Illustrated by Harry Bhalerao

My project is a playful visual exploration of colonialism and the very real human impact on the environment, framed within a cute and childlike illustrated universe. I have created busy isometric scenes with my own cast of idiosyncratic blue-skinned characters, and in my series of five illustrations, I show a cycle of careless environmental destruction and exploitation that is all too familiar in our modern world.

When creating the concept for these illustrations, I was inspired by the rich and detailed ‘Where’s Wally’ books, and tried to replicate the way their scenes are overflowing with interesting characters
and situations.

These were created completely from start to finish on an iPad, using Procreate. I sketched out the whole scene in rough, trying to play with composition and interaction between the characters and environments. I then refined my line work, trying to bring an expressive quality to the characters, and textured detail to the background. After this I applied colour, based on the limited colour palette that I use in most of my work. I find that a limited colour palette, when chosen carefully, is far from being restrictive, and actually provides a solid and harmonious framework from which to visually represent an idea. 

Working in an isometric allowed me to be freed from the shackles of linear perspective, and draw in a way that would be impossible to capture using a real camera. This gives me the liberty to show everything throughout the scene in equal detail, whilst at the same time allowing the viewer to clearly make out the topography of the environment.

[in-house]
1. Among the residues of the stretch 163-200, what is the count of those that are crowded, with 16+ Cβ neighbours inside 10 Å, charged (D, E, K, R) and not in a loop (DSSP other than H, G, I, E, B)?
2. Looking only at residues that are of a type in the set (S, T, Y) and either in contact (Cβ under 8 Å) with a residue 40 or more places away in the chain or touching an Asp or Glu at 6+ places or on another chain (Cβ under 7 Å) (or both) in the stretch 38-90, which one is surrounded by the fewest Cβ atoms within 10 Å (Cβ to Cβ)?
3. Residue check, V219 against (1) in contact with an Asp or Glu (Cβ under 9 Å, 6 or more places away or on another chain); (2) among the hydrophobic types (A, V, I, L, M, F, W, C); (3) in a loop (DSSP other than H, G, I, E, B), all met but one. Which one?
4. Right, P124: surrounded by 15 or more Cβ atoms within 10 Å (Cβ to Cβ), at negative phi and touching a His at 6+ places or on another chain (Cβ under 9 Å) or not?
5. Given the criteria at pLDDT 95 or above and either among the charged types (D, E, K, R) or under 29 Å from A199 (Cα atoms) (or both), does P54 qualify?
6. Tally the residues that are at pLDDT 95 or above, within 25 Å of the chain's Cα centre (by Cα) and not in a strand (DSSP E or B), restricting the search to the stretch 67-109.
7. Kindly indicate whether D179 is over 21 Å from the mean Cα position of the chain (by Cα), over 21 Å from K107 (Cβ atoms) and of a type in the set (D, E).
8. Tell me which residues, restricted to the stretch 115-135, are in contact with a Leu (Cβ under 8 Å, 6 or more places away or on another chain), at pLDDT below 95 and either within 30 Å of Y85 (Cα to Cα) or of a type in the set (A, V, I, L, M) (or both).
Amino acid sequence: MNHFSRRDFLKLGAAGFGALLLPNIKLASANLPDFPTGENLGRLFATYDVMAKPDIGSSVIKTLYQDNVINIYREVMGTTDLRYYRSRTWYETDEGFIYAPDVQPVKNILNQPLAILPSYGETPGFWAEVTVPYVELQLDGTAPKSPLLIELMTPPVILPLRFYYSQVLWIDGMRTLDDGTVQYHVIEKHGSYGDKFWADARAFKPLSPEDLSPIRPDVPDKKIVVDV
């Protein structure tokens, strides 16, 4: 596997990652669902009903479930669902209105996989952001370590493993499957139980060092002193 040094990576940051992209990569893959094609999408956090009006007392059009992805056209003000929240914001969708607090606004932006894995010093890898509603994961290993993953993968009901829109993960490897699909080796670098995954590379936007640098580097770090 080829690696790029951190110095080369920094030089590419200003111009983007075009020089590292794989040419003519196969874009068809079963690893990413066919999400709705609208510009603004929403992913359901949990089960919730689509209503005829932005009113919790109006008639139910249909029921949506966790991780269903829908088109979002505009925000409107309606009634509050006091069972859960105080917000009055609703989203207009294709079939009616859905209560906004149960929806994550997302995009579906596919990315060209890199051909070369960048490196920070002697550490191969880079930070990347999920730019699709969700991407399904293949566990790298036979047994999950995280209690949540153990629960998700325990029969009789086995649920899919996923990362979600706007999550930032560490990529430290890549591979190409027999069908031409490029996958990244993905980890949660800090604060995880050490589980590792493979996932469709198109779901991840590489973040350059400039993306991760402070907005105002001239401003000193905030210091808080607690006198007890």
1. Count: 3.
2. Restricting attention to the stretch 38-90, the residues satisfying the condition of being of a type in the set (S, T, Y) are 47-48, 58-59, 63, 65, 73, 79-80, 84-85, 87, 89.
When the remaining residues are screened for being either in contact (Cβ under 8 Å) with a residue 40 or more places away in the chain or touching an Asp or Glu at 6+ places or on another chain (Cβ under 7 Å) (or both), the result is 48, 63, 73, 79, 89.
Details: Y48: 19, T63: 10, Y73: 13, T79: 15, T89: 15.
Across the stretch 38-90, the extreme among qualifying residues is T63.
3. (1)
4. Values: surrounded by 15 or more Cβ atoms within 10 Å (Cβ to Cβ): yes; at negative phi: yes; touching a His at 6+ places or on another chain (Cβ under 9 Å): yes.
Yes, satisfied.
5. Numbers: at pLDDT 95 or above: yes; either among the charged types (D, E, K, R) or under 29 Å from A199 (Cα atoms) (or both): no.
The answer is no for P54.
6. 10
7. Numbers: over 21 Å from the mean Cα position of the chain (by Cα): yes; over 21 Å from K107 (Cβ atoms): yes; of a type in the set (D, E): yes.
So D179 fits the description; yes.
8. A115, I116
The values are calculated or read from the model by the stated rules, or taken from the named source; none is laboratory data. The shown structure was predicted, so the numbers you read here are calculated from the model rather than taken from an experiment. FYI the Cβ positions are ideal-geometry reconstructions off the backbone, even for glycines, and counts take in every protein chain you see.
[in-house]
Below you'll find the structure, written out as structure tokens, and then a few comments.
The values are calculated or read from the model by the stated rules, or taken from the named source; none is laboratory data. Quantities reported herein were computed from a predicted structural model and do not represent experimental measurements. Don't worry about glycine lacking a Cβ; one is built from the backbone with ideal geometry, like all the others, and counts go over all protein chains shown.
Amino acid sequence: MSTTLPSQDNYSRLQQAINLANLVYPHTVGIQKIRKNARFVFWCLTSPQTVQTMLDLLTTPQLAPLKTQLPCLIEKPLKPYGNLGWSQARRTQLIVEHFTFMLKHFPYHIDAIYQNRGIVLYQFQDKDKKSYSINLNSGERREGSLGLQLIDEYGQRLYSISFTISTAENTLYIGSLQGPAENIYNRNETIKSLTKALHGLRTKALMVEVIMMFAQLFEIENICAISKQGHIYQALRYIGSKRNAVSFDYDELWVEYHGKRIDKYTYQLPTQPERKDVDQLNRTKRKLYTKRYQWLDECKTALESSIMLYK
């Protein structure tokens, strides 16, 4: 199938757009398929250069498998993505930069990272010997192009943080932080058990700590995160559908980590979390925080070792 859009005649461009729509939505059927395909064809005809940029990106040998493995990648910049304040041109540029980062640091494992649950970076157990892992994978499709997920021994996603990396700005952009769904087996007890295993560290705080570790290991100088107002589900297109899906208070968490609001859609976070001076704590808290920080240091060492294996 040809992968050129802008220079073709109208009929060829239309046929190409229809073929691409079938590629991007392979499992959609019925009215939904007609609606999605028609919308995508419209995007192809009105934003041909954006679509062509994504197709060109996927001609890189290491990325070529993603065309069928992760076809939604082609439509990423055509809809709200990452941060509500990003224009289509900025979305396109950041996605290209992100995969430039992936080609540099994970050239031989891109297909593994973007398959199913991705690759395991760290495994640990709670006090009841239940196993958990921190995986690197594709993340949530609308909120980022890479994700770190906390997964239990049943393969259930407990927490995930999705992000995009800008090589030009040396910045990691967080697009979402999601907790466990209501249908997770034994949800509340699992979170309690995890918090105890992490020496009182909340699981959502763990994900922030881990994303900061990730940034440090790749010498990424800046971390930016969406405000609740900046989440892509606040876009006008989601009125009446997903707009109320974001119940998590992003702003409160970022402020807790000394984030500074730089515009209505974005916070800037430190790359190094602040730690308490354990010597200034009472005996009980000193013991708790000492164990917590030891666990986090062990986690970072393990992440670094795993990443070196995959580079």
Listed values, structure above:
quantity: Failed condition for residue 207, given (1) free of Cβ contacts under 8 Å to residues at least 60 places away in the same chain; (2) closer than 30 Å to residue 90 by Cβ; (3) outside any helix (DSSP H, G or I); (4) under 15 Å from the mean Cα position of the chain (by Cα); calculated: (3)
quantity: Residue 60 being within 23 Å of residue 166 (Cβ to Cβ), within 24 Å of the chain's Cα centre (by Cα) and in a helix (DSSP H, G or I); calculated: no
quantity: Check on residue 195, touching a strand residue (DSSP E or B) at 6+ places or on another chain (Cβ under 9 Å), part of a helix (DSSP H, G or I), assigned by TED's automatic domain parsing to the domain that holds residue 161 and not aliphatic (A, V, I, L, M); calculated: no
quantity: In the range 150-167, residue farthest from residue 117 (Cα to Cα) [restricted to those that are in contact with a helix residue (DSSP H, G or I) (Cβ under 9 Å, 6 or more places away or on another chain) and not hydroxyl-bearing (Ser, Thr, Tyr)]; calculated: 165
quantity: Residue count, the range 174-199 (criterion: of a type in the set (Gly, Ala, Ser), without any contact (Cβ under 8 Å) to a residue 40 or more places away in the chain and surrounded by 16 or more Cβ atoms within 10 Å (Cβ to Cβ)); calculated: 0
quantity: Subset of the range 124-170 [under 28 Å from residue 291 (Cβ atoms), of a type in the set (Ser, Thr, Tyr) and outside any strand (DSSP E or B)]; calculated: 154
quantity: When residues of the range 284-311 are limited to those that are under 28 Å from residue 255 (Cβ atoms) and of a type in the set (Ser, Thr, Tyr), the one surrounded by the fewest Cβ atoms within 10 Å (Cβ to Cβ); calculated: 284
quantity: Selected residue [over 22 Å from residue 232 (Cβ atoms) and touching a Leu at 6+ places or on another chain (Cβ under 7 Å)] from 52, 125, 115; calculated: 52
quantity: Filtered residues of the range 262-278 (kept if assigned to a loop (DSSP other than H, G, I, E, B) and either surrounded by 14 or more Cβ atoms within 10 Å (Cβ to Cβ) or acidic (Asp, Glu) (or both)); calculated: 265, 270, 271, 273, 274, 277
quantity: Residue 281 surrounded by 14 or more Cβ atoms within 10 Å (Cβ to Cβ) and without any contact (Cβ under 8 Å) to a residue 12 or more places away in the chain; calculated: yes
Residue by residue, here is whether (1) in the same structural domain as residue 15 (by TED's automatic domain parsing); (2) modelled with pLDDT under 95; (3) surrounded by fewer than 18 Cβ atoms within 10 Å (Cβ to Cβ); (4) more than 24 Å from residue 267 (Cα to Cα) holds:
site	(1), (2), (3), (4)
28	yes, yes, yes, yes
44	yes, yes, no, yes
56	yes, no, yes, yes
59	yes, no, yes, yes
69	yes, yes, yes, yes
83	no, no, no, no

The theme of environmentalism and colonialism was not my intention at the starting point of this project, and developed organically from playing with the characters and world that I created. Both the ‘fishermen’ and ‘jellyfish herders’ are simply following the motivations of their groups, to respectively travel around and build more boats, and to maintain their simple lifestyle; and it is the inevitable clash of these objectives that leads to the interesting moral themes in the work. 

I have attempted not to be ham-fisted in my approach, and the fishermen are still cute, likeable, and relatable characters; hopefully representing the actual moral gray area in the real life conflict between environmentalism and inevitable human progress in which we find ourselves in 2019.

See more of Harry’s work on his Instagram